Old prune

New secateurs on old, old vines.   It’s cold this morning, but wonderfully sunny and still.

It’s the annual haircut for the courtyard plants.   So that meant climbing up a ladder and attacking things.

I had already started on the easier bits of the huge vines last month, so there was not even an hour’s work to prune last year’s growth.

The plants are gnarled and thick as your wrists so not very fetching in their winter non glory.   But they will burst into growth in a few months and I like to be prepared.

The mulberry was next. Or as I call it, my yoga workout.   What am I going to do when I can no longer climb this rather tricky tree to reach the tall bits of growth? It’s rather sporting even now. Especially as I have to take three different sized loppers and secateurs to cut the growth.

Well, I usually get away with two; but I’m having so much fun with my brand new Japanese super sharp secateurs.   (But in keeping with the tyranny of new secateurs, I will watch them like a hawk and try not to lose them in undergrowth.)  They are light and small enough to fit my hands, and can even go into the back pocket of the moleskins and not get in the way. I’m delighted.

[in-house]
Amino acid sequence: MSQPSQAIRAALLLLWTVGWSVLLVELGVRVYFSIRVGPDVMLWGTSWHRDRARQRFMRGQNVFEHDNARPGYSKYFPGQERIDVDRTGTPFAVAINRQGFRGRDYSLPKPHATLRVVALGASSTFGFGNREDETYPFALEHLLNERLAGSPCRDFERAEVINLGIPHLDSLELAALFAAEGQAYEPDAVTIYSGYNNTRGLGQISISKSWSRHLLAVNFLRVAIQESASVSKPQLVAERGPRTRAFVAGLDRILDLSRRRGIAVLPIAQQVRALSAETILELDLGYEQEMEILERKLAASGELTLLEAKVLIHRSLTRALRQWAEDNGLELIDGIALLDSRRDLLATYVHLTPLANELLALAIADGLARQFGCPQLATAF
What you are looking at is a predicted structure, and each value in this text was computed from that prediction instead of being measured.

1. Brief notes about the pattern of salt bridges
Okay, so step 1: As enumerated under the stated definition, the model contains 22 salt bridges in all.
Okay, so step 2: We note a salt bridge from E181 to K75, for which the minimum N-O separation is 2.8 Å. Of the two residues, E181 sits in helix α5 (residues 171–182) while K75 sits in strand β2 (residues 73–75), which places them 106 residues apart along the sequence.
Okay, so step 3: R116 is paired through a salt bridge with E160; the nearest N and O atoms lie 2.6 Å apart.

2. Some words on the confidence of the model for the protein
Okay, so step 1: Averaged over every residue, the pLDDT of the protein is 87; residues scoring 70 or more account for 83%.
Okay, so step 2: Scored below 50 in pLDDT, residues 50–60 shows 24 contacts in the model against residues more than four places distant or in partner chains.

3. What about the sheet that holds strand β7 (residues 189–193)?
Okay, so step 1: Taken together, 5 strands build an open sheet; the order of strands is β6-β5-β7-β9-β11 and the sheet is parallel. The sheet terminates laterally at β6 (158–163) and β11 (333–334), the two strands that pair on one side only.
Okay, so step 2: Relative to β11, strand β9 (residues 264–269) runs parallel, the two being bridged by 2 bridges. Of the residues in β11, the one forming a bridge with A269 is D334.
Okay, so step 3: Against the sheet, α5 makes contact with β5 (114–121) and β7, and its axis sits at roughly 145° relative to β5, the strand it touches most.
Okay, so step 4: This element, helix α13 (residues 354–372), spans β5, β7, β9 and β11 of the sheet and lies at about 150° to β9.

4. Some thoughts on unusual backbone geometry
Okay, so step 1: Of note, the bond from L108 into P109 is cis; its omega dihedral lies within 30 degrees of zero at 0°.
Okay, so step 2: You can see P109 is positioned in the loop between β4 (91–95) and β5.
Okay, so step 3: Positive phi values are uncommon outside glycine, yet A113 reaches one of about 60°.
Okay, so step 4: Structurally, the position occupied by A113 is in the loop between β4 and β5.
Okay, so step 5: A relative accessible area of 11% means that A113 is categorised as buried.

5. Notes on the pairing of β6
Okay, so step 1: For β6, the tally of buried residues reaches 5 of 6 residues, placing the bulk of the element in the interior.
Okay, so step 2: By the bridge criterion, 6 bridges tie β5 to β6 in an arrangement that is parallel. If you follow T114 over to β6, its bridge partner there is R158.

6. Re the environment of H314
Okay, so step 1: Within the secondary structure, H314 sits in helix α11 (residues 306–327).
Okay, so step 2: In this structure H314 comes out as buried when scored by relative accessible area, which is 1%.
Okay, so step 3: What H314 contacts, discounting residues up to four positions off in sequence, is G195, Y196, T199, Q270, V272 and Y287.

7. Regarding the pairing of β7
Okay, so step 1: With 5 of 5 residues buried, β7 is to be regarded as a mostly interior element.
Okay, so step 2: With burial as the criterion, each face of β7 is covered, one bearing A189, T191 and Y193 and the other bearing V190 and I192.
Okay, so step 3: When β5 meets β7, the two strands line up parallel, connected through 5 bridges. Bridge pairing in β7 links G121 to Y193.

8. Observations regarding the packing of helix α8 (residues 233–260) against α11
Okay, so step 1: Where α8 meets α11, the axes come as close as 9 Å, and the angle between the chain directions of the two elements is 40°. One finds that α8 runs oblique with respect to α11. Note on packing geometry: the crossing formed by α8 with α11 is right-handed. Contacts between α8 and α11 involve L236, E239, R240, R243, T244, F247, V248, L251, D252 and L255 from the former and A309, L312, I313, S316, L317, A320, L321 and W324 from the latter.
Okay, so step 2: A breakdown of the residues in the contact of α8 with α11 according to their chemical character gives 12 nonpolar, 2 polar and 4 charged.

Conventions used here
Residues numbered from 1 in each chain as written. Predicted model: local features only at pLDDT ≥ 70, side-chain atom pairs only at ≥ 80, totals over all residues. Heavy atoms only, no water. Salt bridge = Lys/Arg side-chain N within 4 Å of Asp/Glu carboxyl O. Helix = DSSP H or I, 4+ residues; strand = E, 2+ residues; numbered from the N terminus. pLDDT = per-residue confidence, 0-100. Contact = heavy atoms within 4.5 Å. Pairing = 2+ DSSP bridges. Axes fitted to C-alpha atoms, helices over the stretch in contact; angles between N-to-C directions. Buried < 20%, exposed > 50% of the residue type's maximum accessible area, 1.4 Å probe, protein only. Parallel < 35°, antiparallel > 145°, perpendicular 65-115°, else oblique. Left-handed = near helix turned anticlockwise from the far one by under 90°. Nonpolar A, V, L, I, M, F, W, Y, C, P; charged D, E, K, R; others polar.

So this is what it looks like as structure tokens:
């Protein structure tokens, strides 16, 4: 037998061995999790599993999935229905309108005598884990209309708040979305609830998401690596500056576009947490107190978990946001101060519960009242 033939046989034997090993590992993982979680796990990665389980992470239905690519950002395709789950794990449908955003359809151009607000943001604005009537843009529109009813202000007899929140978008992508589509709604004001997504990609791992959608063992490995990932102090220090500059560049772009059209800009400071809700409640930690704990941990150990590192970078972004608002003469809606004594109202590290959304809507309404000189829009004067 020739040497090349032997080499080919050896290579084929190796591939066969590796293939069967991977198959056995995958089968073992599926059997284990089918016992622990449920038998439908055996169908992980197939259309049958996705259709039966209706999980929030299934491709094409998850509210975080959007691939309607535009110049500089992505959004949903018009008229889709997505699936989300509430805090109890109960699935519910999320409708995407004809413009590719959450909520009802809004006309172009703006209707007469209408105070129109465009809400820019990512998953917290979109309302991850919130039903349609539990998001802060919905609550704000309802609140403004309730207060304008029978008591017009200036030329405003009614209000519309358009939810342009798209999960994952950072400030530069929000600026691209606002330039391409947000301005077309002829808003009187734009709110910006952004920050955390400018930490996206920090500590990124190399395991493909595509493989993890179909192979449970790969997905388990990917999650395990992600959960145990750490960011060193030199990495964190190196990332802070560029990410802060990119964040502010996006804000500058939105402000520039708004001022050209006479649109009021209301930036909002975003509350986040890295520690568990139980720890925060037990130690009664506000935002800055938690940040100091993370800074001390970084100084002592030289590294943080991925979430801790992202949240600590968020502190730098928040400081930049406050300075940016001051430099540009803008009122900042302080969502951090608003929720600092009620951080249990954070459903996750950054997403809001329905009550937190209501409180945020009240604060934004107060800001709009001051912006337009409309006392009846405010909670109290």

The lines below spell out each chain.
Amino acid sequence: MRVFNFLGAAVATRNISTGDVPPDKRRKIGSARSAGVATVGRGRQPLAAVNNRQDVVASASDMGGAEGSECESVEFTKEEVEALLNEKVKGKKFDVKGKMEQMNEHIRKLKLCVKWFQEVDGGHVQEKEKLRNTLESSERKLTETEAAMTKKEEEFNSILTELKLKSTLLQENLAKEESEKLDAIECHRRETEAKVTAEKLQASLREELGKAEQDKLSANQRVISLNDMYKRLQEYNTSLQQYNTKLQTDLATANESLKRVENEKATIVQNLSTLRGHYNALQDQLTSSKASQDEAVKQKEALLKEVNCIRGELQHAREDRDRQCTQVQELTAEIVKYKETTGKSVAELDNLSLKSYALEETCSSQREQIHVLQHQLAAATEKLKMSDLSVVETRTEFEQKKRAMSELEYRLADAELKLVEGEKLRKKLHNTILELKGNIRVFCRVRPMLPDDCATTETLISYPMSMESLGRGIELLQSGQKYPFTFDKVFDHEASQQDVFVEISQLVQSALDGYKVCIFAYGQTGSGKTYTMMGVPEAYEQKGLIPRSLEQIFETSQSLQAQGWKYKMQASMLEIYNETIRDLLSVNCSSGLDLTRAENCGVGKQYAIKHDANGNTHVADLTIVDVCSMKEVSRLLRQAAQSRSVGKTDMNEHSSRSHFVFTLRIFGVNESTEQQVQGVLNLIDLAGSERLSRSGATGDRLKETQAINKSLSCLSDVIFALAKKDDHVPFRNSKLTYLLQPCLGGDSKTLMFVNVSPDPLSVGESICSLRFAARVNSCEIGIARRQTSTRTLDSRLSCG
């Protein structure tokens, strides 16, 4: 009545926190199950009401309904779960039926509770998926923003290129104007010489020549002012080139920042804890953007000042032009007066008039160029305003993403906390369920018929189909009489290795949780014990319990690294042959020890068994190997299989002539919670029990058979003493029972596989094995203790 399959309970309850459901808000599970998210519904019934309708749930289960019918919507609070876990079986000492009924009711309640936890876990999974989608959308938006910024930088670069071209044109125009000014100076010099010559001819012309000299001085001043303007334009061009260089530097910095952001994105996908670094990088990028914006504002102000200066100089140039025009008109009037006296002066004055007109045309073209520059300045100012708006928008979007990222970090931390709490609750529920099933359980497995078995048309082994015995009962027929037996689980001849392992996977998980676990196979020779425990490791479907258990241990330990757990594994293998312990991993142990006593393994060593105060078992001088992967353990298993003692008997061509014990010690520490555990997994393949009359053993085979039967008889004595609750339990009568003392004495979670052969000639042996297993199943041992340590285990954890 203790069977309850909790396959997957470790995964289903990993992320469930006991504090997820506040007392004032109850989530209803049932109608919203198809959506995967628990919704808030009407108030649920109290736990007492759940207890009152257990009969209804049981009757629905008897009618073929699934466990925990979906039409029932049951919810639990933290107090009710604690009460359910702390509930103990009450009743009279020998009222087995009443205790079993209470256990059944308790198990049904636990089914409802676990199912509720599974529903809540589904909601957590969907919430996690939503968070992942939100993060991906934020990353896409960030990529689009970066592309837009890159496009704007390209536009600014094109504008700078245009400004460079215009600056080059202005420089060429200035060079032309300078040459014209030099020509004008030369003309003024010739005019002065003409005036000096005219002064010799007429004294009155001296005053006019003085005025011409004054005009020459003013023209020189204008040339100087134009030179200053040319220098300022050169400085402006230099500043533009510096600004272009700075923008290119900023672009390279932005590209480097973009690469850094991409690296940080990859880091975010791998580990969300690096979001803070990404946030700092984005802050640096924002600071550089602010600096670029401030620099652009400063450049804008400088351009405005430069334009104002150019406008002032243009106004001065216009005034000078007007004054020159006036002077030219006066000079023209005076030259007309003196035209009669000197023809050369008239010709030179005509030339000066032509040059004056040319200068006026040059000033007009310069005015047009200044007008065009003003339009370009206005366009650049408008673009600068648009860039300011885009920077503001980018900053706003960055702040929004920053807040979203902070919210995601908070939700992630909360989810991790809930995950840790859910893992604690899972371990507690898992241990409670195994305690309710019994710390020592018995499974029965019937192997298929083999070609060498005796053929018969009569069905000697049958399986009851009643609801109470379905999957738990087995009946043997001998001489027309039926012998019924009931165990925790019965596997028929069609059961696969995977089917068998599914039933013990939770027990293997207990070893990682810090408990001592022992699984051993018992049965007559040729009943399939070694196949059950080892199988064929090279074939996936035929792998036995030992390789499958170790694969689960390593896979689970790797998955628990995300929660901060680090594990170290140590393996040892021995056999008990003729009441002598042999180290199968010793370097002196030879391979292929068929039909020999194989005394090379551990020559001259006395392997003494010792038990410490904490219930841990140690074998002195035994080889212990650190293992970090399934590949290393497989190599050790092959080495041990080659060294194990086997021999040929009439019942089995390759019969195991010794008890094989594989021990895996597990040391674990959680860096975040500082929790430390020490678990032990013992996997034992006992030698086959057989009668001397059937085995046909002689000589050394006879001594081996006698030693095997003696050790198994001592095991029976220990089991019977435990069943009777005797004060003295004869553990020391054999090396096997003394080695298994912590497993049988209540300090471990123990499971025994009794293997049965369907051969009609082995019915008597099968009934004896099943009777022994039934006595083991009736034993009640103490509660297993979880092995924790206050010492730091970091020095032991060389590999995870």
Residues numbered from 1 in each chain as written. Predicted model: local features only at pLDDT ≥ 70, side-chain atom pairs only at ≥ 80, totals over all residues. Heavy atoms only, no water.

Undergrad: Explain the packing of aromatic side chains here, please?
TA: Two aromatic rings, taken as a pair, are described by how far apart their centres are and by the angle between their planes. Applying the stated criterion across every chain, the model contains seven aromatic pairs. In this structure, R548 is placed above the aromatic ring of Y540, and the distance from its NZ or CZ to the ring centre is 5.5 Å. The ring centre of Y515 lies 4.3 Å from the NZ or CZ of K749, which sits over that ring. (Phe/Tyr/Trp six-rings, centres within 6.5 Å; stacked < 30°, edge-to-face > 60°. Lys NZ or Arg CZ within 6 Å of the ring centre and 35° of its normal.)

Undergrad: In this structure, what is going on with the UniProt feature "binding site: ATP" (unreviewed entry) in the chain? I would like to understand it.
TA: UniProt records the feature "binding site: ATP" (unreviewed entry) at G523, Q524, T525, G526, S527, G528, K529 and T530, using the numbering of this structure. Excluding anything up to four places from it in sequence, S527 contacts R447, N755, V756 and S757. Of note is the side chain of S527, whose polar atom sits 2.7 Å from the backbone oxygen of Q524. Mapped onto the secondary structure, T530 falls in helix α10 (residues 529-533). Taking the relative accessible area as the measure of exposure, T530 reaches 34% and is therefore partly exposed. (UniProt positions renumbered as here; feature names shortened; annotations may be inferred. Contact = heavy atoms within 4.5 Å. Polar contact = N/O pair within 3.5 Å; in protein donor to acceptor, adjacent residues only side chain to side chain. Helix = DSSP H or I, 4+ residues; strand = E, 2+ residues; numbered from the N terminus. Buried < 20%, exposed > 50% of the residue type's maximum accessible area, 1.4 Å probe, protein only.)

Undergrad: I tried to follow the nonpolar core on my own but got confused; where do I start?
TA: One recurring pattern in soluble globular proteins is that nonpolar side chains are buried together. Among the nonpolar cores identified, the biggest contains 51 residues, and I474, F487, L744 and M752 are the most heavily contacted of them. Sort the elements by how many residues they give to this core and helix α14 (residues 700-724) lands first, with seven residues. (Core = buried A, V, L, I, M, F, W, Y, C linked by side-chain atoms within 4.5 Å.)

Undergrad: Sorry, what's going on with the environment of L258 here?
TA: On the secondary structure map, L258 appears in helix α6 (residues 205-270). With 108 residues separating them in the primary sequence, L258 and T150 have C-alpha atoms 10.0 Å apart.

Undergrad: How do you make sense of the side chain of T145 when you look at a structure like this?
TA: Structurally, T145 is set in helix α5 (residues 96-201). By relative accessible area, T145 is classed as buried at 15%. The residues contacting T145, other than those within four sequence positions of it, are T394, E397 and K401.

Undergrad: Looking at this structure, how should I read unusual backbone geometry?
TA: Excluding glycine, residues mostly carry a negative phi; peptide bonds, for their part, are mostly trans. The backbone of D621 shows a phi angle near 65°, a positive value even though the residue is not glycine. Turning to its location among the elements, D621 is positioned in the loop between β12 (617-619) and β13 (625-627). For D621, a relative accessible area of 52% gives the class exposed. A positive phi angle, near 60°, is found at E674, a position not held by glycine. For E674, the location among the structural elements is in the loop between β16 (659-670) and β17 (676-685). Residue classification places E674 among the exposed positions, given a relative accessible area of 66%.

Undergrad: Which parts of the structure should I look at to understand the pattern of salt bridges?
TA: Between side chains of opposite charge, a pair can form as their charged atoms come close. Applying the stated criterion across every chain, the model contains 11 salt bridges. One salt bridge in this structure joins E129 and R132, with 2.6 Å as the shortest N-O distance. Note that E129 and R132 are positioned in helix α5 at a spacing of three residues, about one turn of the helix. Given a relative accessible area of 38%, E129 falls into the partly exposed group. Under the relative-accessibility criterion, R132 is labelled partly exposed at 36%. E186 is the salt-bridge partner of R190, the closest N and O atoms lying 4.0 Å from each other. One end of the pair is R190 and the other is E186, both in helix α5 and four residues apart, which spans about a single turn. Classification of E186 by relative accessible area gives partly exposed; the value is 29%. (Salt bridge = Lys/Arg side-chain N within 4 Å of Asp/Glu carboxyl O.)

And they cut through smaller branches with zip. Or was that me? I guess the wielder takes the glory.   A great morning’s work.

And improved as soon as the small furry fluff ball of fury came roaring into the garden.   I have no idea what Artur was cross about, but he seemed pleased to have a companion.   And he didn’t even complain that I am pruning away his favourite hiding place.

I almost suggested giving him a ride in the wheelbarrow as I took piles of lovely sticks for the chipping. But he doesn’t do joy rides.

After lunch I was back out with the secateurs and looking for something to attack.   The grasses.   That’s an easy target. I have hundreds of plants to cut back. It’s a job usually done in February, but I am going to be pushed to get things done next month, so they are getting their annual cut back now.

The barn garden (previously the calabert garden, which no one but the Ardechois can pronounce) was my first spot; these eragrostis are coming out in late spring,  you can’t see as I didn’t do a Before shot but there are a dozen huge grasses here.   And they are way too tall for the rest of the low plants.

It seems to take so many goes to get garden design right.   How many times have I tinkered with this long plot?  Every year? I suspect so.   At least it is mulched. And I can see some bulbs coming up. Another good reason to get in here now and cut back and stop treading on any precious emerging plants.

I have decicded to go at all the eragrostis this week.   That will be a good old job as there are around 200 of the things all over the garden. Some of them on steep and hilariously tricky banks.

What I really want to do is keep on digging in my potager. It looks so alluring from the distance of far regions of the garden.   But I must not be swayed. One task at a time.